Sunil Abraham - Key Listener Speech at Wikimedia Summit 2019

Posted by Sunil Abraham at May 04, 2019 03:35 AM |
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The Wikimedia Summit 2019 – formerly known as "Wikimedia Conference" or "Chapters Meeting" – took place on 29–31 March 2019 in Berlin. Sunil Abraham made a speech at the summit organized in Berlin.

Sunil answers a series of questions at the closing session of the Wikimedia Summit 2019:

What stands out?

Money. Creative Commons revenues are pegged at 2.4 million dollars. Mozilla Foundation gets 24 million dollars. Wikimedia Foundation gets 91 million dollars. So the job of pulling off the "Big Open" or the "creation of the meta movement" or "the movement of movements" is primarily the responsibility of the Wikimedia community given the scale of resources it is able to mobilize. For example, the Open Access movement has lost funding as its key donor Open Society Foundation after supporting the movement for 17 years is unable to support any further. The Wikipedia movement can easily save the global access movement by just allocating 1 million dollar for it.

What concerns me?

Homogenization. Homogenization of time frames, homogenization of process. Should we, for example, stagger the time period for online community consultation on the draft recommendations, so that there is less 'consultation fatigue' By homogenizing the processes at the Summit, it would be risking infantilizing the community. Would this meeting have been more exciting and useful, if Working Groups had the freedom to fork the process, and do what works for them.

What have I learned from my own journey and work?

Working with lawyers for the last 10 years, has led me to appreciate tests over principles. For example, in the open standards movement there is a constant question: is this particular standard an open standard? There, free software acts as the canary in the coal mine:  If we cannot implement a standard using free software, then it is not an open standard. Working with lawyers for the last 10 years, has led me to appreciate tests over principles. For example, in the open standards movement there is a constant question: is this particular standard an open standard?There, free software acts as the canary in the coal mine:  If we cannot implement a standard using free software, then it is not an open standard.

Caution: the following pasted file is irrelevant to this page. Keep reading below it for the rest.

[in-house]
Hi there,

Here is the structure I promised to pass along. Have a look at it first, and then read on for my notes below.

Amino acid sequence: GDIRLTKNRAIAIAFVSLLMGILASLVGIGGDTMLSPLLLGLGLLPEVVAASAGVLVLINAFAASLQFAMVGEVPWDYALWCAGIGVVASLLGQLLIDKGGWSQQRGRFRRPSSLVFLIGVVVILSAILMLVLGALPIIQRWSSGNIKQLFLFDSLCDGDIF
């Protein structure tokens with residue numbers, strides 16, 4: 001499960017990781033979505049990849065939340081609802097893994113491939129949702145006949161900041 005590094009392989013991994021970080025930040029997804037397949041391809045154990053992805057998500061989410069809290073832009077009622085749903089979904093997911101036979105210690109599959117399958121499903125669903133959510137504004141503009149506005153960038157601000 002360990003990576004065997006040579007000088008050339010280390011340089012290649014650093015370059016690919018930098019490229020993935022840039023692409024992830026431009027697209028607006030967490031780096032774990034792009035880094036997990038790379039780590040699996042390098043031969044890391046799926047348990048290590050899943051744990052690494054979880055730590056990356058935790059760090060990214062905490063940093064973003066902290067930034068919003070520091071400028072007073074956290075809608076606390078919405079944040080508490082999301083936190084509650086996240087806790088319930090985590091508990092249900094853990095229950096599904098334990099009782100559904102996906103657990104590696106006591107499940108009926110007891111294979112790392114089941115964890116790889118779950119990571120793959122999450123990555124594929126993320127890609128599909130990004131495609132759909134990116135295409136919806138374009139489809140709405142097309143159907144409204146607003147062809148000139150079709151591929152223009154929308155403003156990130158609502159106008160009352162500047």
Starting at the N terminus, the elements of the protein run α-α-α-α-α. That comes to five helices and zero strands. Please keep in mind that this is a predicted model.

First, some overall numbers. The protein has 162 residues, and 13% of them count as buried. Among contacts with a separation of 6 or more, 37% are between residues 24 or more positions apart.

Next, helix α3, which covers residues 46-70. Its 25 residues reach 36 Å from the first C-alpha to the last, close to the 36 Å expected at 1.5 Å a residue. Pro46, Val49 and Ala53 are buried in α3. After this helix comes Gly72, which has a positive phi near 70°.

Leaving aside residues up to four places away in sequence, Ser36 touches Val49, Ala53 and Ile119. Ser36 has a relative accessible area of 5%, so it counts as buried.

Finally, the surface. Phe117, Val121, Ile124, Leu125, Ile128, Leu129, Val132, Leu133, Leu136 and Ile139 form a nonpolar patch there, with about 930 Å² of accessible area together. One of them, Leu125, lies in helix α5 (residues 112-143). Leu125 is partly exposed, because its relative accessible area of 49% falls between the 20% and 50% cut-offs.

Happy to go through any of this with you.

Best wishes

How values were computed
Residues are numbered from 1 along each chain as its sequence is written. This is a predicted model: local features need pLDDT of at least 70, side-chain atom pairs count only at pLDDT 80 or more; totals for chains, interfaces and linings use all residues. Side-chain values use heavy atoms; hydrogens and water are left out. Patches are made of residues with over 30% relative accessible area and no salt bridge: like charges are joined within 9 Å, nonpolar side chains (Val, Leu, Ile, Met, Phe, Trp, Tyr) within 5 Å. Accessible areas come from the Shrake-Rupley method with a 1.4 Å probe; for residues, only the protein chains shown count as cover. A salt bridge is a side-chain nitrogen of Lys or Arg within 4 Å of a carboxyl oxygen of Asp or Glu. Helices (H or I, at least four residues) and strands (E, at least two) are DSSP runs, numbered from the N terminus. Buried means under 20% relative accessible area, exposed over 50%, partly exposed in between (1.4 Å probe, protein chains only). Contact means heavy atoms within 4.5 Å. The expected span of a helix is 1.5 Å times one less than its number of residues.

What have you learned that could be useful for the strategy process?

From the process architect I have learned that we shouldn't focus on solving /this/ particular instance of the problem, we should focus on working on developing processes that solve these problems in the future. So, the emphasis is on process fixes. This is really the bleeding edge of regulatory theory these days. Since we are in Germany, I must mention the name of the German academic Gunther Teubner who developed this concept of reflexive regulation 26 years ago in his article 'Substantive and Reflexive Elements in Modern Law.

What would you suggest to improve the strategy process?

The core of responsive regulation is community consultation processes. However, closing the loop on the consultation process is critical, otherwise participants feel that they have wasted time providing feedback. For example, the Indian telecom regulator first issues a consultation paper. Then solicits the first round of feedback, then solicits a second round of counter comments then they hold round tables, and, finally, they issue the recommendation or the regulation. But when they do that, they make sure they close the loop.They provide reasoned explanations for why suggestions were rejected. This might have to happen at both stages for this strategy development process. The working groups will have to say why they rejected certain pieces of feedback, and also the board will have to explain why they rejected certain recommendations from the working groups.

What would be your wish for this movement?

As we enter adulthood as a movement,  it is important that we do not lose our youthful idealism. Idealism at two levels: ambition and vocabulary.  Global civil society is broadly divided into two groups. Those who work on tractable problems, like getting rid of polio.  And those who work on intractable problems, like saving and developing democracy. When monitoring and evaluation becomes a primary management lens for our movement, it shouldn't make us more and more risk-averse. Let us not focus on the easy problems let us always focus, as a movement, on the hard problems. When it comes to vocabulary, I am not totally sure that phrases like 'product experience', 'target markets', and 'Knowledge as a Service' is the vocabulary of the movement. Maybe, we need to think of two types of vocabulary, External facing vocabulary and internal facing vocabulary.


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Video, via Wikimedia Commons, source: https://commons.wikimedia.org/wiki/File:Wikimedia_Summit_2019_-_Key_listener_Sunil_Abraham.webm
Author, Anna Rees (WMDE): Uploader: Cornelius Kibelka (WMDE), This file is licensed under the Creative Commons Attribution-Share Alike 4.0 International license.

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